Globalization: More Than a Three-Credit Course
Malcolm, Teresa, National Catholic Reporter
The concept of globalization encompasses a wide range of issues, from the economic impact of international trade agreements and the protests against them to the influences of corporations, technology, media, tourism and immigration. Such issues have the potential to engender positive cultural exchange but also spark fears of cultural hegemony, especially fears of global "Americanization."
Higher education has certainly not been untouched by these issues. In this Catholic Colleges and Universities special section, NCR takes a look at just a few aspects of globalization as it affects the lives of faculty and students.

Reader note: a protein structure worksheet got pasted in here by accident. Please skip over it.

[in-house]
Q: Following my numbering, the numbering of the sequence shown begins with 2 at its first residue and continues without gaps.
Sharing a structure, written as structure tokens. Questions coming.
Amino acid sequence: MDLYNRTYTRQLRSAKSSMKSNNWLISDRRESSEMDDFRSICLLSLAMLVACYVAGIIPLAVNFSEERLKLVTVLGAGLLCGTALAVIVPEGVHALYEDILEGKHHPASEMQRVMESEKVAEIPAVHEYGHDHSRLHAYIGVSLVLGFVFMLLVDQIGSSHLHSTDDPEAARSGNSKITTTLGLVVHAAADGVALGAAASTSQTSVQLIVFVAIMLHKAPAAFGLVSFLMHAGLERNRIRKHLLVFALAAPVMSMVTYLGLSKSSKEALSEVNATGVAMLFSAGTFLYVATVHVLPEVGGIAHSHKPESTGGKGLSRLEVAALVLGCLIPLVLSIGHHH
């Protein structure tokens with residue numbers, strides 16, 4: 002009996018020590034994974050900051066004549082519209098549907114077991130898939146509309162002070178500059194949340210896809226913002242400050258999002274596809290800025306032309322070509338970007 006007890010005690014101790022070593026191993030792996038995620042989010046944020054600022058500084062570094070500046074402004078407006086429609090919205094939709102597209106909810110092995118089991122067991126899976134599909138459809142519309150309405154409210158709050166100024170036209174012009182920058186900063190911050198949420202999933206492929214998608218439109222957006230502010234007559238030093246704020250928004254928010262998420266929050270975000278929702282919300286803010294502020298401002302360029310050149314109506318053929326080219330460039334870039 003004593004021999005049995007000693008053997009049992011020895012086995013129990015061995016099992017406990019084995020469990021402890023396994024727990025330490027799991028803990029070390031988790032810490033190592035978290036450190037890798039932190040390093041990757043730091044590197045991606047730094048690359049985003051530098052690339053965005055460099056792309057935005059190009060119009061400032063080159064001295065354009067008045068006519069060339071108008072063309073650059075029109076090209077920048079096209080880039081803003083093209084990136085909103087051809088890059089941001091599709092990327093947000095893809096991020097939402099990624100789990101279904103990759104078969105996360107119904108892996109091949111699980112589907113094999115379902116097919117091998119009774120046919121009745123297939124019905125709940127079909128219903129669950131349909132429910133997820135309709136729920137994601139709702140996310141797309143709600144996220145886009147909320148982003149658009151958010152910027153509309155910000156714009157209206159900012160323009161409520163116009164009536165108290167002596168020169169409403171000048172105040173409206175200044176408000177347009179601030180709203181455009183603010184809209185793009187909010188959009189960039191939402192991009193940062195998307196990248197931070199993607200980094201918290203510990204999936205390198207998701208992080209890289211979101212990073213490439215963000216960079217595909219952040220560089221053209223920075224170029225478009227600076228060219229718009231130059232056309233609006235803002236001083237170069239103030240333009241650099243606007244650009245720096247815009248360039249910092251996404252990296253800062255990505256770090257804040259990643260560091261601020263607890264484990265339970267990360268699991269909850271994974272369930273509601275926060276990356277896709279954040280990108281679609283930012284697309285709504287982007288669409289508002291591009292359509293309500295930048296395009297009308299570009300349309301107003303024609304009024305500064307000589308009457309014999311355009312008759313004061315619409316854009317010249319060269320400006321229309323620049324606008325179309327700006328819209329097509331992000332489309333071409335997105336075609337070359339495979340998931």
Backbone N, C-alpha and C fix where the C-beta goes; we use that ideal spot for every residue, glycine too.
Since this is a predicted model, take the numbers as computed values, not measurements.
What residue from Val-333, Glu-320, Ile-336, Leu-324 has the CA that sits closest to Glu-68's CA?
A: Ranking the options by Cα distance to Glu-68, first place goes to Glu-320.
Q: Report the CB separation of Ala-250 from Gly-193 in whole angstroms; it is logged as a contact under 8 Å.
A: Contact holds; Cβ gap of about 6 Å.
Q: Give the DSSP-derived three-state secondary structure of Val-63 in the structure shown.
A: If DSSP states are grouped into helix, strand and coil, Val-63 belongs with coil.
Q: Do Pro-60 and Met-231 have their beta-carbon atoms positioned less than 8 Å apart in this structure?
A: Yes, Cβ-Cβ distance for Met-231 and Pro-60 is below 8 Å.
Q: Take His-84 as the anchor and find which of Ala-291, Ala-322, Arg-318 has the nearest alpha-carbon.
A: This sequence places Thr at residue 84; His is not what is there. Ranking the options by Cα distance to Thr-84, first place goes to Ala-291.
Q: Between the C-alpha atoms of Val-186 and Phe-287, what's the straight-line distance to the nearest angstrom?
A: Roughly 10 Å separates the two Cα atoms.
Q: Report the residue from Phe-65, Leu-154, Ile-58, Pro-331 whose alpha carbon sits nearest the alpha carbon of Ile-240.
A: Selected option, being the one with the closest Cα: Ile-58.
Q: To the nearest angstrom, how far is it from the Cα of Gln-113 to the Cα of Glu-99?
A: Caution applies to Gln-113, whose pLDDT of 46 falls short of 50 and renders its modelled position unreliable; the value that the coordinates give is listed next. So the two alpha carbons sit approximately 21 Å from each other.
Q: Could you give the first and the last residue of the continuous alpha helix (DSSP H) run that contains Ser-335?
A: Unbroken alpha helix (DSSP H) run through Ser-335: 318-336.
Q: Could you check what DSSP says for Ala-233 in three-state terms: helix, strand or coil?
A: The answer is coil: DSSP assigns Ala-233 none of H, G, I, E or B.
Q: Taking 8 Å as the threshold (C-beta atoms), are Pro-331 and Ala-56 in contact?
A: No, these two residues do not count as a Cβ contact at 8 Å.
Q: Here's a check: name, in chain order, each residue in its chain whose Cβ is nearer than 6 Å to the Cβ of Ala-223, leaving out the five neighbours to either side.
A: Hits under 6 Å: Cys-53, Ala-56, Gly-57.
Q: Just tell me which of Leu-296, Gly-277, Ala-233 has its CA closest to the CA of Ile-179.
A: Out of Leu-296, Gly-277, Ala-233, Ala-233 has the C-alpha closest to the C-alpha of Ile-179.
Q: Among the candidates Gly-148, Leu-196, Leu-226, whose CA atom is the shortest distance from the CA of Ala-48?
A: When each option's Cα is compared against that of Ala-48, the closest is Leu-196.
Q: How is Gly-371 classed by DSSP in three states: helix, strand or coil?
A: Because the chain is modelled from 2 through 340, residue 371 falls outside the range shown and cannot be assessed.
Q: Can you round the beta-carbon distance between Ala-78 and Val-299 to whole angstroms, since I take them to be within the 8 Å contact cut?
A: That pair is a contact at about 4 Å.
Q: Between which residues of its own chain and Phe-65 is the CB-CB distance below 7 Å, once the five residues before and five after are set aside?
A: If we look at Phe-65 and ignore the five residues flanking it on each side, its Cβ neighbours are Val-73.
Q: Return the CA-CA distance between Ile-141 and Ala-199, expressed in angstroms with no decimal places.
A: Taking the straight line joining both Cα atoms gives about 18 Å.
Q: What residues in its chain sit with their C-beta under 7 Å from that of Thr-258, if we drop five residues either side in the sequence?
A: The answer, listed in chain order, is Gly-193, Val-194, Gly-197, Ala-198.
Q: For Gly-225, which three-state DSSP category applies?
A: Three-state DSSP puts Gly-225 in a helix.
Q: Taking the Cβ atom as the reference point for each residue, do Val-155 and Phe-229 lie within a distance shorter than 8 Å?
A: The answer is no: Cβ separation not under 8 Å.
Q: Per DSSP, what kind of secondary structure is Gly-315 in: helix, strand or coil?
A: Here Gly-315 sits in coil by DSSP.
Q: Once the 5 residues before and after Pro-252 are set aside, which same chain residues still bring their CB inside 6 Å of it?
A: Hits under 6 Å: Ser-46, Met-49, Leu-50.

For the opening article on Page 2a, reporter Renee LaReau spoke with professors at Catholic institutions who are grappling with whether globalization should be examined through an ethical lens in the classroom--questioning the economic exploitation of developing nations, for instance, or the cultural risks posed by the American media. While some scholars raise these questions with students, others, especially in business disciplines, maintain that humanities and liberal-arts courses are better suited to deal with them. "There is a significant majority that thinks these are issues we should discuss, but it's not unanimous," according to Patrick Murphy of the University of Notre Dame. …